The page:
|"Rejoice greatly, O daughter of Zion; shout O daughter of Jerusalem: behold, thy King cometh unto thee: he is just, and having salvation: lowly, and riding upon an ass, and upon a colt the foal of an ass."|
|Messianic Biblical position as written by Shalach Ministries:|
|Before answering the question as to why we believe that Zechariah 9:9 is Christologicial we must first look at its prophetical references to the New Testament:|
|Matthew 21:1-11 And when they drew nigh unto Jerusalem, and were come to Bethphage, unto the mount of Olives, then sent Jesus two disciples, Saying unto them, Go into the village over against you, and straightway ye shall find an ass tied, and a colt with her: loose them, and bring them unto me. And if any man say ought unto you, ye shall say, The Lord hath need of them; and straightway he will send them. All this was done, that it might be fulfilled which was spoken by the prophet, saying, Tell ye the daughter of Sion, Behold, thy King cometh unto thee, meek, and sitting upon an ass, and a colt the foal of an ass. And the disciples went, and did as Jesus commanded them, And brought the ass, and the colt, and put on them their clothes, and they set him thereon. And a very great multitude spread their garments in the way; others cut down branches from the trees, and strawed them in the way. And the multitudes that went before, and that followed, cried, saying, Hosanna to the Son of David: Blessed is he that cometh in the name of the Lord; Hosanna in the highest. And when he was come into Jerusalem, all the city was moved, saying, Who is this? And the multitude said, This is Jesus the prophet of Nazareth of Galilee.||Luke 19:29-40 And it came to pass, when he was come nigh to Bethphage and Bethany, at the mount called the mount of Olives, he sent two of his disciples, Saying, Go ye into the village over against you; in the which at your entering ye shall find a colt tied, whereon yet never man sat: loose him, and bring him hither. And if any man ask you, Why do ye loose him? thus shall ye say unto him, Because the Lord hath need of him. And they that were sent went their way, and found even as he had said unto them. And as they were loosing the colt, the owners thereof said unto them, Why loose ye the colt? And they said, The Lord hath need of him. And they brought him to Jesus: and they cast their garments upon the colt, and they set Jesus thereon. And as he went, they spread their clothes in the way. And when he was come nigh, even now at the descent of the mount of Olives, the whole multitude of the disciples began to rejoice and praise God with a loud voice for all the mighty works that they had seen; Saying, Blessed be the King that cometh in the name of the Lord: peace in heaven, and glory in the highest. And some of the Pharisees from among the multitude said unto him, Master, rebuke thy disciples. And he answered and said unto them, I tell you that, if these should hold their peace, the stones would immediately cry out.|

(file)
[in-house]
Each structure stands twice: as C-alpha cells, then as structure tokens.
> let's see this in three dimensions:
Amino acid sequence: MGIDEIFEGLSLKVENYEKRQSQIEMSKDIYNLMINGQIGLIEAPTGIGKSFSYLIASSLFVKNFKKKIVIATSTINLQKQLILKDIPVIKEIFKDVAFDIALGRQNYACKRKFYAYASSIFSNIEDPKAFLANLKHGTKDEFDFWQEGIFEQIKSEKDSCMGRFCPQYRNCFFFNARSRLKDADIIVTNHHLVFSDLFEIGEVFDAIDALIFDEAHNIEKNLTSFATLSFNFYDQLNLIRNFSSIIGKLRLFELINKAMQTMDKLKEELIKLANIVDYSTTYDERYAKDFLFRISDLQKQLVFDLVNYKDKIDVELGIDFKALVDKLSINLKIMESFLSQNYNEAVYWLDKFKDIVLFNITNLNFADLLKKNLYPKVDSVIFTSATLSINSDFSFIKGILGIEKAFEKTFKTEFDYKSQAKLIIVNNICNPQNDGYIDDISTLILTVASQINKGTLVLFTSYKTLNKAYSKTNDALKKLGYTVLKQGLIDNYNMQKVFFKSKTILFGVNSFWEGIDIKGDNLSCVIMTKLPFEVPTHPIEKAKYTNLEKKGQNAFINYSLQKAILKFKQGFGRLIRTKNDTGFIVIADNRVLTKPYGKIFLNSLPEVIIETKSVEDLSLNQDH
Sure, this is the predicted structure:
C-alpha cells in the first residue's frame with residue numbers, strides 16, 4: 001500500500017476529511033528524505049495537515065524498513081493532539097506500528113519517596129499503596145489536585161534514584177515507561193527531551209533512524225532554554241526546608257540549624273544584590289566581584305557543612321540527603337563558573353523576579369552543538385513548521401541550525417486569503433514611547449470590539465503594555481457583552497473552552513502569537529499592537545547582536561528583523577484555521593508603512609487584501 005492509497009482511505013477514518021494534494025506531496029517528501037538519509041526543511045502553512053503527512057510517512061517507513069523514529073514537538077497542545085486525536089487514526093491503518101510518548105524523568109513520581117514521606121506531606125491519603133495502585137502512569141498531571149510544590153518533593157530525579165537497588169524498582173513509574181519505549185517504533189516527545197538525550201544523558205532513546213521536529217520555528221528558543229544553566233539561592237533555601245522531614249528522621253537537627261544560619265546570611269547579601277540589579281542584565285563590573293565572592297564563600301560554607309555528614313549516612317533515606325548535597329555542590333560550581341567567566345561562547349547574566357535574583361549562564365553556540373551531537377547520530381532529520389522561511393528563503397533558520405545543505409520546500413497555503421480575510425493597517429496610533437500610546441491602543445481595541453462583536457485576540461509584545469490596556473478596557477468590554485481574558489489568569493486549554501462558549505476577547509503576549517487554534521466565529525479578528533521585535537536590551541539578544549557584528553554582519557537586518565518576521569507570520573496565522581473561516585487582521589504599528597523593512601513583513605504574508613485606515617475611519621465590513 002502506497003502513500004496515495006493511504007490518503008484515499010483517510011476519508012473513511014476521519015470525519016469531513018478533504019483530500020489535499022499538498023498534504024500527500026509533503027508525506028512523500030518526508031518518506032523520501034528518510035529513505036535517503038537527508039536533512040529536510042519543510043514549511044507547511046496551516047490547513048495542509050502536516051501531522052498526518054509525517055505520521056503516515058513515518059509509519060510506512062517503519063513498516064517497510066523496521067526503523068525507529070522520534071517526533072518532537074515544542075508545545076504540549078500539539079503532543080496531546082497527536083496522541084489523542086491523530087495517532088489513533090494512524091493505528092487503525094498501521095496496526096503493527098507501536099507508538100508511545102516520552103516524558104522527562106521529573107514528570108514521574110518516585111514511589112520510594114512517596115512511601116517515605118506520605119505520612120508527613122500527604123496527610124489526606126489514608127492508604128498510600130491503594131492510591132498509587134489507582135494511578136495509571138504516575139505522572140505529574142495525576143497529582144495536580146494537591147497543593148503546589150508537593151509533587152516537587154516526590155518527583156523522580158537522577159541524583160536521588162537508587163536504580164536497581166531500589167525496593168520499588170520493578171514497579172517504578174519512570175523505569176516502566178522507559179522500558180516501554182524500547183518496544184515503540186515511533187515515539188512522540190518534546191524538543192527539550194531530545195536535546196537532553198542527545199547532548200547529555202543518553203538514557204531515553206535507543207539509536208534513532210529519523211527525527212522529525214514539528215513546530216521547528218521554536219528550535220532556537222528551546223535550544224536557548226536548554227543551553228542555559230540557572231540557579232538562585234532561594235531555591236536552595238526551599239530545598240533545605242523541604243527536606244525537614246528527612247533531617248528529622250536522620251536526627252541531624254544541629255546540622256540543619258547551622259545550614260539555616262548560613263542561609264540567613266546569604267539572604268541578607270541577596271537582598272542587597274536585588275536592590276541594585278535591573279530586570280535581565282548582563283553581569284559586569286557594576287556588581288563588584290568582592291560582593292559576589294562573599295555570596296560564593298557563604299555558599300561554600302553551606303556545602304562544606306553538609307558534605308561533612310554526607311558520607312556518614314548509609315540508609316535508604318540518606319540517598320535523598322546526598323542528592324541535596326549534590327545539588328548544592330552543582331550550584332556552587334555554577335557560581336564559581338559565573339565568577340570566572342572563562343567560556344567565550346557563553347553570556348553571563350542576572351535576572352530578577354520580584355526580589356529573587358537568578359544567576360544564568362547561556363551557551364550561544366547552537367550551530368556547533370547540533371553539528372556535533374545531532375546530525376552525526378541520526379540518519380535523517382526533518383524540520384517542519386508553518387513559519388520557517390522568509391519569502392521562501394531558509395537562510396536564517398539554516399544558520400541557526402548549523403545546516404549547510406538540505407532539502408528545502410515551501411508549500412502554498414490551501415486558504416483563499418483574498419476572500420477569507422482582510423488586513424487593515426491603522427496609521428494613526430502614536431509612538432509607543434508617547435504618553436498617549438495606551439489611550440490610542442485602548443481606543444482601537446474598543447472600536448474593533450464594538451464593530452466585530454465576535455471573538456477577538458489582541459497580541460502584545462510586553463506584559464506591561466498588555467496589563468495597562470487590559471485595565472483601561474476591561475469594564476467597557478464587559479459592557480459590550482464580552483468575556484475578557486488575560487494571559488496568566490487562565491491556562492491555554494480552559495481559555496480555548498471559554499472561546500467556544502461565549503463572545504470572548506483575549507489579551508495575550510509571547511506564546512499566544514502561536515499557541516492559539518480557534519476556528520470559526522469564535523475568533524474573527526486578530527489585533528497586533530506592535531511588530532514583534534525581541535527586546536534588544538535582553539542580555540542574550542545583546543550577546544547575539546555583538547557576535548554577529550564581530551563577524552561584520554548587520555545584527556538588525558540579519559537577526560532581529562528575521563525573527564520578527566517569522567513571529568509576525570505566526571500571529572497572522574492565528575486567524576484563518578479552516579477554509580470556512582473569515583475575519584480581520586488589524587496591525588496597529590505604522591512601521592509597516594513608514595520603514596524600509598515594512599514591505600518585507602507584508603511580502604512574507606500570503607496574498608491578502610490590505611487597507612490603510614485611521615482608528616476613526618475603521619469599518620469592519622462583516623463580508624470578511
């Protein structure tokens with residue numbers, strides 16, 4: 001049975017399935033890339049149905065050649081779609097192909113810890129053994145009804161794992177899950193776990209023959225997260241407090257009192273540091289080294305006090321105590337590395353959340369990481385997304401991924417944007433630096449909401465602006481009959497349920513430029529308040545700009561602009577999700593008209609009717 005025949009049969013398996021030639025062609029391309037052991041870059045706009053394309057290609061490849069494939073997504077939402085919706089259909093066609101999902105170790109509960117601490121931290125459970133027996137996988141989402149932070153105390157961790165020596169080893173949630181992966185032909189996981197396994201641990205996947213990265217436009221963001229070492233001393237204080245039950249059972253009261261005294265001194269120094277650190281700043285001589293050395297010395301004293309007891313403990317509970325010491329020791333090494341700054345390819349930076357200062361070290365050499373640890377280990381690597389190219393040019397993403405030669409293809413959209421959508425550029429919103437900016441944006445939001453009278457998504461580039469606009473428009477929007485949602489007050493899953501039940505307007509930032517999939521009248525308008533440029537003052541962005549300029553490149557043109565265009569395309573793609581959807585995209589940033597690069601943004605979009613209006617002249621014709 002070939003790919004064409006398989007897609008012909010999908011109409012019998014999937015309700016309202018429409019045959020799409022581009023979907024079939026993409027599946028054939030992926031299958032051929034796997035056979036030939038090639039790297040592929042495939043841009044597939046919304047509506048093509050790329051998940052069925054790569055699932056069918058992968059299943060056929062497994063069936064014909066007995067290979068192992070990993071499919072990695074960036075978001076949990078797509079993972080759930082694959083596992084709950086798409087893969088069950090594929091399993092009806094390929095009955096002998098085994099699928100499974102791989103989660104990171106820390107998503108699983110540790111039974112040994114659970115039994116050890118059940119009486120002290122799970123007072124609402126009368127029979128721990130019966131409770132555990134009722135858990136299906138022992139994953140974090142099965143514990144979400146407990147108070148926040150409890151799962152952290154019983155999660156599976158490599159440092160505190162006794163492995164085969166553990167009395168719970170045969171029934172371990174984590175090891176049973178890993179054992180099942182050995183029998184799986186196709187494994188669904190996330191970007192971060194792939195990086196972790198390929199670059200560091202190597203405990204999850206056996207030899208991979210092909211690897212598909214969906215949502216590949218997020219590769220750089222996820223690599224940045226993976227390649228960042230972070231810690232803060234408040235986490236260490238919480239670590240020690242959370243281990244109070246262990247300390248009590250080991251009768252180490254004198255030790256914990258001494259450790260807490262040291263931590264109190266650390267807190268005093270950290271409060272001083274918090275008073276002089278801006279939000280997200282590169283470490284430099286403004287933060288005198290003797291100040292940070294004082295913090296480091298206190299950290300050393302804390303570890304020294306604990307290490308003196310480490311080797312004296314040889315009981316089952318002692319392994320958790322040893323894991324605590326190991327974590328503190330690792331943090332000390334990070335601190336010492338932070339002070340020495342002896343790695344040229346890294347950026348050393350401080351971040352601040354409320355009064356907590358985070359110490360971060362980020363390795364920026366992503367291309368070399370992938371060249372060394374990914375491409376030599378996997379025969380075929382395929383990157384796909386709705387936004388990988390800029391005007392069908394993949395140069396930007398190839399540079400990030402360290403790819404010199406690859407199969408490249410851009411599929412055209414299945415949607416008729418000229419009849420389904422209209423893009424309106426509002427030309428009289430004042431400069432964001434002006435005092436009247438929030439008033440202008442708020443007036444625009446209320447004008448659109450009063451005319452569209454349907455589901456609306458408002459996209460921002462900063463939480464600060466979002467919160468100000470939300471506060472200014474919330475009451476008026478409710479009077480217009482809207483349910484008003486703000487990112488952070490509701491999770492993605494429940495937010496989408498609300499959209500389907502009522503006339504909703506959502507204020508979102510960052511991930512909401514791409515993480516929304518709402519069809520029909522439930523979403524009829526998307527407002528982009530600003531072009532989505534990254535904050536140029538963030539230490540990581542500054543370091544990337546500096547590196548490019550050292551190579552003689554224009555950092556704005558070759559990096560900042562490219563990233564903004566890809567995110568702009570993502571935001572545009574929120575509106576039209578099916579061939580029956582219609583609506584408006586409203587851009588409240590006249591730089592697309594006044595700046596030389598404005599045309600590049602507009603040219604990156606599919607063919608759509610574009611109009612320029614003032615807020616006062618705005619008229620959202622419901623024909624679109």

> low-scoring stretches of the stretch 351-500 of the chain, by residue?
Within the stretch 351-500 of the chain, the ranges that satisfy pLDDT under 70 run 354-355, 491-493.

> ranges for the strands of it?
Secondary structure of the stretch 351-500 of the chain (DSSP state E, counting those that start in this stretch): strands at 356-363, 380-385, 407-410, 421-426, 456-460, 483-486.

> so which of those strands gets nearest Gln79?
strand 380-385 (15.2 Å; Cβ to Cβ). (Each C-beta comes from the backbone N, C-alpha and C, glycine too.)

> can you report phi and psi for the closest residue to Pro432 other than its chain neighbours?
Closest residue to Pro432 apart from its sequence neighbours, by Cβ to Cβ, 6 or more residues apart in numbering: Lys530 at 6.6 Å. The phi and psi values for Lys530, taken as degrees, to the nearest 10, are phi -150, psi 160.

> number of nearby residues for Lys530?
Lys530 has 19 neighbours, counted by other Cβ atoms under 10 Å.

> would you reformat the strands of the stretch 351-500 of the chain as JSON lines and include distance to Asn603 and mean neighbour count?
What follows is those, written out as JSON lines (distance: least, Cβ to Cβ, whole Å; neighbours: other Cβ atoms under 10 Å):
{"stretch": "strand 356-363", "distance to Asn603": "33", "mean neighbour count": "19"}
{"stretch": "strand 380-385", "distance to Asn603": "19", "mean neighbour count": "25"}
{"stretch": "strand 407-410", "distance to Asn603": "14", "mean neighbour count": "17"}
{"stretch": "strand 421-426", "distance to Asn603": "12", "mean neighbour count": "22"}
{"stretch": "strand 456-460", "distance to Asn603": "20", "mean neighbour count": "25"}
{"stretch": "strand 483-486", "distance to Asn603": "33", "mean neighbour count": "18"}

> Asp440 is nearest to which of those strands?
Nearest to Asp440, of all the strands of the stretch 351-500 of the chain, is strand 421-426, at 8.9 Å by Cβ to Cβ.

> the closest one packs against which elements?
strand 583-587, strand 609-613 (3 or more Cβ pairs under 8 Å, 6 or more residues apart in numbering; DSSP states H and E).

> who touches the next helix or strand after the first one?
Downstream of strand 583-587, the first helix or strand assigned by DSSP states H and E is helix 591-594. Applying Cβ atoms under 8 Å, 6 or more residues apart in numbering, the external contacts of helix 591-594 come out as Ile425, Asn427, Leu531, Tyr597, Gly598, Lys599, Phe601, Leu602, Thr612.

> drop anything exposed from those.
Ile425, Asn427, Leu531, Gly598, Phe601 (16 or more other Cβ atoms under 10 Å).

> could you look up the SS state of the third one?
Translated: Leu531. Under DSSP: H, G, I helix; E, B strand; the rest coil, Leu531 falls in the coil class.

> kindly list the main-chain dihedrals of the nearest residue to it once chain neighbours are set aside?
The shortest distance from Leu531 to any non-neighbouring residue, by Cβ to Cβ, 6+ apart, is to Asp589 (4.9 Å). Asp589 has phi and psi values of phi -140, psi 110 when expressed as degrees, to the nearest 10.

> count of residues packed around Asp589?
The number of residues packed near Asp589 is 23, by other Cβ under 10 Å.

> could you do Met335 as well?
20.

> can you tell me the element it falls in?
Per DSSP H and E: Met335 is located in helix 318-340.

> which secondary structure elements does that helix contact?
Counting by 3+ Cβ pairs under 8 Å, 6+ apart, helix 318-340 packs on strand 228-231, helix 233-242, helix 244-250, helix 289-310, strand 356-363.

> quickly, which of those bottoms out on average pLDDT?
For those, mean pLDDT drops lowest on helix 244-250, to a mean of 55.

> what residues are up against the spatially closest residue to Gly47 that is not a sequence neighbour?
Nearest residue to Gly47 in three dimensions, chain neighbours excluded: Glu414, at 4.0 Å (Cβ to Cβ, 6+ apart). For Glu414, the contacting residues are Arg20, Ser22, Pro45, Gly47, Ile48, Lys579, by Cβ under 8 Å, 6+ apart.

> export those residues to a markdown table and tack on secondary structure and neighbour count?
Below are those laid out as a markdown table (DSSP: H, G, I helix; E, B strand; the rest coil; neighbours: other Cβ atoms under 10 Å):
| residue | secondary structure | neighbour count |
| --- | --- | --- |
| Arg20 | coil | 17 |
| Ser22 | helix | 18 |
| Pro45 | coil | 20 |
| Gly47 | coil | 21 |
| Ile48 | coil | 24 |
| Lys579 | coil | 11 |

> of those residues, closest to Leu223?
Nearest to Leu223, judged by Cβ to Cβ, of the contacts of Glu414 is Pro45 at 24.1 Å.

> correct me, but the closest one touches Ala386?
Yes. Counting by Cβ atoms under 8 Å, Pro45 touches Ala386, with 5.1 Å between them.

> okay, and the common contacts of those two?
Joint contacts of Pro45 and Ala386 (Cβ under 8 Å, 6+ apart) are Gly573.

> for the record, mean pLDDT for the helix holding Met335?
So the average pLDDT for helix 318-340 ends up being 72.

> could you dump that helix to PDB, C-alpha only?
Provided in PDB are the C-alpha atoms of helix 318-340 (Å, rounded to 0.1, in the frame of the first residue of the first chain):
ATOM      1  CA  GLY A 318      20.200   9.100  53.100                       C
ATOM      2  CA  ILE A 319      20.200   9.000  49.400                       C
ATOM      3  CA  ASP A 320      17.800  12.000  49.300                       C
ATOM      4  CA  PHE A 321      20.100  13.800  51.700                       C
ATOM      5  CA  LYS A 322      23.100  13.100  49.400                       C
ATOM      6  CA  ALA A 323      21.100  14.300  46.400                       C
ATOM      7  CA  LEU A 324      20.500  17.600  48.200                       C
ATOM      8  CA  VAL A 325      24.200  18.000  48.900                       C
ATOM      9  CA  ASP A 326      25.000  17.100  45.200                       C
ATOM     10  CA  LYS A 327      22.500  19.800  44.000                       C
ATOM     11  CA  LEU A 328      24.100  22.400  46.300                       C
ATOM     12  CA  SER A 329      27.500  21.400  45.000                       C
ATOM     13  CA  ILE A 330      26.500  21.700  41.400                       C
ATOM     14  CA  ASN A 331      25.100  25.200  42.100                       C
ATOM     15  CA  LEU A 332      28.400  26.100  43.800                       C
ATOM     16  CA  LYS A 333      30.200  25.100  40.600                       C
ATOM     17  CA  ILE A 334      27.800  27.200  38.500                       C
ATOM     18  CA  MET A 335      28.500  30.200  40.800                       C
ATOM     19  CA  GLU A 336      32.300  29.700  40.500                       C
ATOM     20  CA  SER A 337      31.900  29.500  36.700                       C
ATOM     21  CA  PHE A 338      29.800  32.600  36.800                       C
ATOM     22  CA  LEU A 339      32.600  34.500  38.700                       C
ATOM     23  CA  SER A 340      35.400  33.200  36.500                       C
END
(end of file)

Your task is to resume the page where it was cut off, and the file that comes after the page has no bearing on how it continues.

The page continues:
|Mark 11:1-11 And when they came nigh to Jerusalem, unto Bethphage and Bethany, at the mount of Olives, he sendeth forth two of his disciples, And saith unto them, Go your way into the village over against you: and as soon as ye be entered into it, ye shall find a colt tied, whereon never man sat; loose him, and bring him. And if any man say unto you, Why do ye this? say ye that the Lord hath need of him; and straightway he will send him hither. And they went their way, and found the colt tied by the door without in a place where two ways met; and they loose him. And certain of them that stood there said unto them, What do ye, loosing the colt? And they said unto them even as Jesus had commanded: and they let them go. And they brought the colt to Jesus, and cast their garments on him; and he sat upon him. And many spread their garments in the way: and others cut down branches off the trees, and strawed them in the way. And they that went before, and they that followed, cried, saying, Hosanna; Blessed is he that cometh in the name of the Lord: Blessed be the kingdom of our father David, that cometh in the name of the Lord: Hosanna in the highest. And Jesus entered into Jerusalem, and into the temple: and when he had looked round about upon all things, and now the eventide was come, he went out unto Bethany with the twelve.||
John 12:12-19 On
the next day much people that were come to the feast, when they heard that
Jesus was coming to Jerusalem, Took branches of palm trees, and went forth
to meet him, and cried, Hosanna: Blessed is the King of Israel that cometh